Friday, March 8, 2013
Using Plover for Python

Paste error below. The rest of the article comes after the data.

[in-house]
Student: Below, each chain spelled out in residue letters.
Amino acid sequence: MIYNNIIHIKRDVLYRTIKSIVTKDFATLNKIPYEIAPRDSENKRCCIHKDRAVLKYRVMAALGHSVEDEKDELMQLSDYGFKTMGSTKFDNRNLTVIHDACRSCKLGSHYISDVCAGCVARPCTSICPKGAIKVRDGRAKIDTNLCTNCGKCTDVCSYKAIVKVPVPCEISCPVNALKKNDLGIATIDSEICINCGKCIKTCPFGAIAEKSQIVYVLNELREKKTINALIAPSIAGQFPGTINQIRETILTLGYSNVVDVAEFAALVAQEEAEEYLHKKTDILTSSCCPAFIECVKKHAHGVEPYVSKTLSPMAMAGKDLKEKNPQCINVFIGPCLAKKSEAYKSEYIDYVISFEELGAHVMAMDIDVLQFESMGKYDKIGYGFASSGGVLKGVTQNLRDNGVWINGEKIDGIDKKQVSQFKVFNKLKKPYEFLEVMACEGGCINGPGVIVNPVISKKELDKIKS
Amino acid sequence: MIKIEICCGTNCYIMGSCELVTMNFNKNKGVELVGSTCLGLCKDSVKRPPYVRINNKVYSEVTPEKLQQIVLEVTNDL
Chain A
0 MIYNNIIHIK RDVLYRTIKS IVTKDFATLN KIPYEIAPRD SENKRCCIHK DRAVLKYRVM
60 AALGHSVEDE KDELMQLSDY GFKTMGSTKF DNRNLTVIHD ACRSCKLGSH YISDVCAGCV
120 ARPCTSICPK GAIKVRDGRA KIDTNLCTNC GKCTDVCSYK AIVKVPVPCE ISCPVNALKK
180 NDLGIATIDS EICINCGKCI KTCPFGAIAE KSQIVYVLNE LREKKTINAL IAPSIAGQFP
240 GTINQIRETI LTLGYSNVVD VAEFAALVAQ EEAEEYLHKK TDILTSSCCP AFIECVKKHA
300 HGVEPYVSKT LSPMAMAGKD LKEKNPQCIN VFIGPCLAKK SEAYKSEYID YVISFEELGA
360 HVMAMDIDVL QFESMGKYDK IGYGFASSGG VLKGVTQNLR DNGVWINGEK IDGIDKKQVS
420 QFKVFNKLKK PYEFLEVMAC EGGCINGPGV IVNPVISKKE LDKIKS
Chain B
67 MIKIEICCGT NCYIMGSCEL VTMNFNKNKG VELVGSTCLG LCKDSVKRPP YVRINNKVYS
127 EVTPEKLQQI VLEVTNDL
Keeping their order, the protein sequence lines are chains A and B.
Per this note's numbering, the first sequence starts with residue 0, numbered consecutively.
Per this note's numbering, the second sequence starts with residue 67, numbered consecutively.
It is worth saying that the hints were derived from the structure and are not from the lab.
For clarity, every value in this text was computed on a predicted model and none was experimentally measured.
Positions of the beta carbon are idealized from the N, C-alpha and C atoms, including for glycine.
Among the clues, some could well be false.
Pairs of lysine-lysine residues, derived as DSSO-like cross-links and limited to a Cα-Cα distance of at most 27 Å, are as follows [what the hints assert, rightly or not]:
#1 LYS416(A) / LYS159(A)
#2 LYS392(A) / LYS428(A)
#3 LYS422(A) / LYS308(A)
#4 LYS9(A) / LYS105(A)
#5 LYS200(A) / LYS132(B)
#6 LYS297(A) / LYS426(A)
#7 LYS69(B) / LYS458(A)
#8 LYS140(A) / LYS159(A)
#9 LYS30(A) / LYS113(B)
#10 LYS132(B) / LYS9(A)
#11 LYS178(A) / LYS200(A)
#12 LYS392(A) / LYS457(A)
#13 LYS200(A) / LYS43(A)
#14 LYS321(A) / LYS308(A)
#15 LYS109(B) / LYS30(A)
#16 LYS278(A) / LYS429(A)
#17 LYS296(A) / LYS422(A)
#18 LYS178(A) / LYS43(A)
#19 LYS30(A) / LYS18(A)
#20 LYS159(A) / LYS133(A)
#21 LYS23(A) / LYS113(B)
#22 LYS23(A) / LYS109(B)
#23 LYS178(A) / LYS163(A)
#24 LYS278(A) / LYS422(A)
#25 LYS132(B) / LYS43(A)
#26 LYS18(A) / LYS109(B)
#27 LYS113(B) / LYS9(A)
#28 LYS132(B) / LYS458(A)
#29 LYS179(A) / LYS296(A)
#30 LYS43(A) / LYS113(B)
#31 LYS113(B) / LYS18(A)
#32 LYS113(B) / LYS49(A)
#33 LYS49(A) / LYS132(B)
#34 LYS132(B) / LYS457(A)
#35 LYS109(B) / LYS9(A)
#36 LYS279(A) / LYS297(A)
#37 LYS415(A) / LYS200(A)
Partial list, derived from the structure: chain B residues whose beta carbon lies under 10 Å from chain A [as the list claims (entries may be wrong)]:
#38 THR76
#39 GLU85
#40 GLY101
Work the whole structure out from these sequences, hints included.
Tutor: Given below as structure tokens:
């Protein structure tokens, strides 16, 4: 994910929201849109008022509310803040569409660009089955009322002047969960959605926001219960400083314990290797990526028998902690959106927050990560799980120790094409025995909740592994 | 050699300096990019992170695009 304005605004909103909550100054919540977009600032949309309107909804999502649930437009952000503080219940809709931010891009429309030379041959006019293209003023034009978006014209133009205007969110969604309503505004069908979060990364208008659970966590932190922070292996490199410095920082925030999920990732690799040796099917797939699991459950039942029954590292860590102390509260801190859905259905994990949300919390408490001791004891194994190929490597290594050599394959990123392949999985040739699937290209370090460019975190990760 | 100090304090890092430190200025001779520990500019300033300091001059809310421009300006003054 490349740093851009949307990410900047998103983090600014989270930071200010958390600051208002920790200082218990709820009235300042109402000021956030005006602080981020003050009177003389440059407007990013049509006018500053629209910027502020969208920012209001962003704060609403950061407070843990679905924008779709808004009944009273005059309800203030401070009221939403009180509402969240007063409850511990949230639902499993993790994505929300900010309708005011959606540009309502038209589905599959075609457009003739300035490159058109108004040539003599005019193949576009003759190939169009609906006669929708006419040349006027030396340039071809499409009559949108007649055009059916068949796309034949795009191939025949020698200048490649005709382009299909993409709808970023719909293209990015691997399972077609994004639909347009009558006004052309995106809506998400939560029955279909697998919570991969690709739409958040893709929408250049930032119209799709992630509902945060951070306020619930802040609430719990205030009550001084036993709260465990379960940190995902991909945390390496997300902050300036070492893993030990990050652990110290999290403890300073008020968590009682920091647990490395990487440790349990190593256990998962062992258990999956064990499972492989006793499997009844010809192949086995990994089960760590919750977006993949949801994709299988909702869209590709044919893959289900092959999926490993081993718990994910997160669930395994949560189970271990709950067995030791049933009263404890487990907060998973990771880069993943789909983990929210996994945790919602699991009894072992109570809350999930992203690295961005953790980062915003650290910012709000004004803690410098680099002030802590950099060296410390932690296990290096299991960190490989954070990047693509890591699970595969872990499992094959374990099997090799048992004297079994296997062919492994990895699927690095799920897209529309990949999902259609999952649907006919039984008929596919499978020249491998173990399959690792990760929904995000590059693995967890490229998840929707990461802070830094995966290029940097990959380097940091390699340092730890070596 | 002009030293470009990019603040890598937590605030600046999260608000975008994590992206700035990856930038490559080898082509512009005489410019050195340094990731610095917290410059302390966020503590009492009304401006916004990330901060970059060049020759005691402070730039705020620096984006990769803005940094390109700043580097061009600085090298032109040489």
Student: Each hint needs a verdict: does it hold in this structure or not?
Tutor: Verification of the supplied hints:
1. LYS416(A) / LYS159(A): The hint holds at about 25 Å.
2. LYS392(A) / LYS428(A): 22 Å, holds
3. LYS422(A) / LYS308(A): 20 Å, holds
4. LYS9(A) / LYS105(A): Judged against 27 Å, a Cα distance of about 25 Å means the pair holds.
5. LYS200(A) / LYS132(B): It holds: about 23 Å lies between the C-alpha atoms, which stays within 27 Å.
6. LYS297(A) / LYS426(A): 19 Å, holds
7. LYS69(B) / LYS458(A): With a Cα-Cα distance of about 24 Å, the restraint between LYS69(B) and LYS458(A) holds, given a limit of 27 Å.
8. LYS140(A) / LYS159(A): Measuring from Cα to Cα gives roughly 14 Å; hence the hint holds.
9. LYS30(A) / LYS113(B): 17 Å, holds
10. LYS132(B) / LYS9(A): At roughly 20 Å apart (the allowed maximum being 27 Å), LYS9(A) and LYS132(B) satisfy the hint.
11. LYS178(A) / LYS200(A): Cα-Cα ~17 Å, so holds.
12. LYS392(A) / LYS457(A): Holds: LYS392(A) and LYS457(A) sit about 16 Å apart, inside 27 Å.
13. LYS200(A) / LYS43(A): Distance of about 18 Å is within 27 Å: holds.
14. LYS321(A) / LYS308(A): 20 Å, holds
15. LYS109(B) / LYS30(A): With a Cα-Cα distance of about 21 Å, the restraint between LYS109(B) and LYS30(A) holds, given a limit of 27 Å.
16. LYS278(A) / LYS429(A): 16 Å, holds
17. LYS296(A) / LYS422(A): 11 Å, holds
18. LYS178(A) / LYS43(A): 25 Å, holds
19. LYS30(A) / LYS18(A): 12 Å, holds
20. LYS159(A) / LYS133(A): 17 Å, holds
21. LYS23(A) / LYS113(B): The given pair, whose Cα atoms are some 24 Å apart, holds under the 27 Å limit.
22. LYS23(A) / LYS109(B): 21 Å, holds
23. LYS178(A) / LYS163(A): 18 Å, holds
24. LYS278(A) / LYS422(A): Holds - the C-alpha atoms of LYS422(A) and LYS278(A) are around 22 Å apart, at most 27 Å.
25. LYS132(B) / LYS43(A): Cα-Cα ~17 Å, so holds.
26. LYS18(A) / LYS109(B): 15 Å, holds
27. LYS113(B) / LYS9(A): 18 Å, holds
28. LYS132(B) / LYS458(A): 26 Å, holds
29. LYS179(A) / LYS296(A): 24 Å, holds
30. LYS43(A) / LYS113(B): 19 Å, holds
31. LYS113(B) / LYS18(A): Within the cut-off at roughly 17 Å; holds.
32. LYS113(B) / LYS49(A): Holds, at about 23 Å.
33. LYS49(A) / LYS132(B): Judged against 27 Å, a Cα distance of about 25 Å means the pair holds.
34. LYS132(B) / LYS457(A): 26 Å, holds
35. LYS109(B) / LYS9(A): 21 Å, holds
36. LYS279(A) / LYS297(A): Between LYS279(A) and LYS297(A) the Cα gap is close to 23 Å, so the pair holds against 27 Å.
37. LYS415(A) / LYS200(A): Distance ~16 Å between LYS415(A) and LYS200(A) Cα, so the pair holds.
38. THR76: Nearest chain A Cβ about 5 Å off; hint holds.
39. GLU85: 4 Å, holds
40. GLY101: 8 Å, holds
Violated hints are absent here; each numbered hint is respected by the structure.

I gave a dry run of my PyCon presentation at the New York Python Meetup last night, and I think it went quite well! I think I've finalized my slide deck. Longtime followers will notice that I reused a few slides from my 2011 PyGotham presentation, but I've added and changed a fair amount of stuff. I think it's tighter and flows more smoothly than the old version. Anyway, as part of the presentation, I made a very quick video showing me using Plover to write a small snippet of code from my Codecademy Python Course. I also added a closed captioning track showing the pseudosteno for every stroke I was writing. It doesn't show me making new definitions or anything like that, since that feature is still being implemented (it's a little too buggy for release at the moment), but I think it gets across how easy it is to write quick, smooth, efficient Python code using steno. For some reason, when I tell people about steno, they often don't understand how a keyboard consisting of 22 letters can be used to write punctuation, meta keys, and commands, so I think this video is useful to demonstrate that it's as simple as defining PRENS as (), TA*B as the Tab command, RIPT as raw_input(", et cetera, and then just barreling on through your code without a second thought.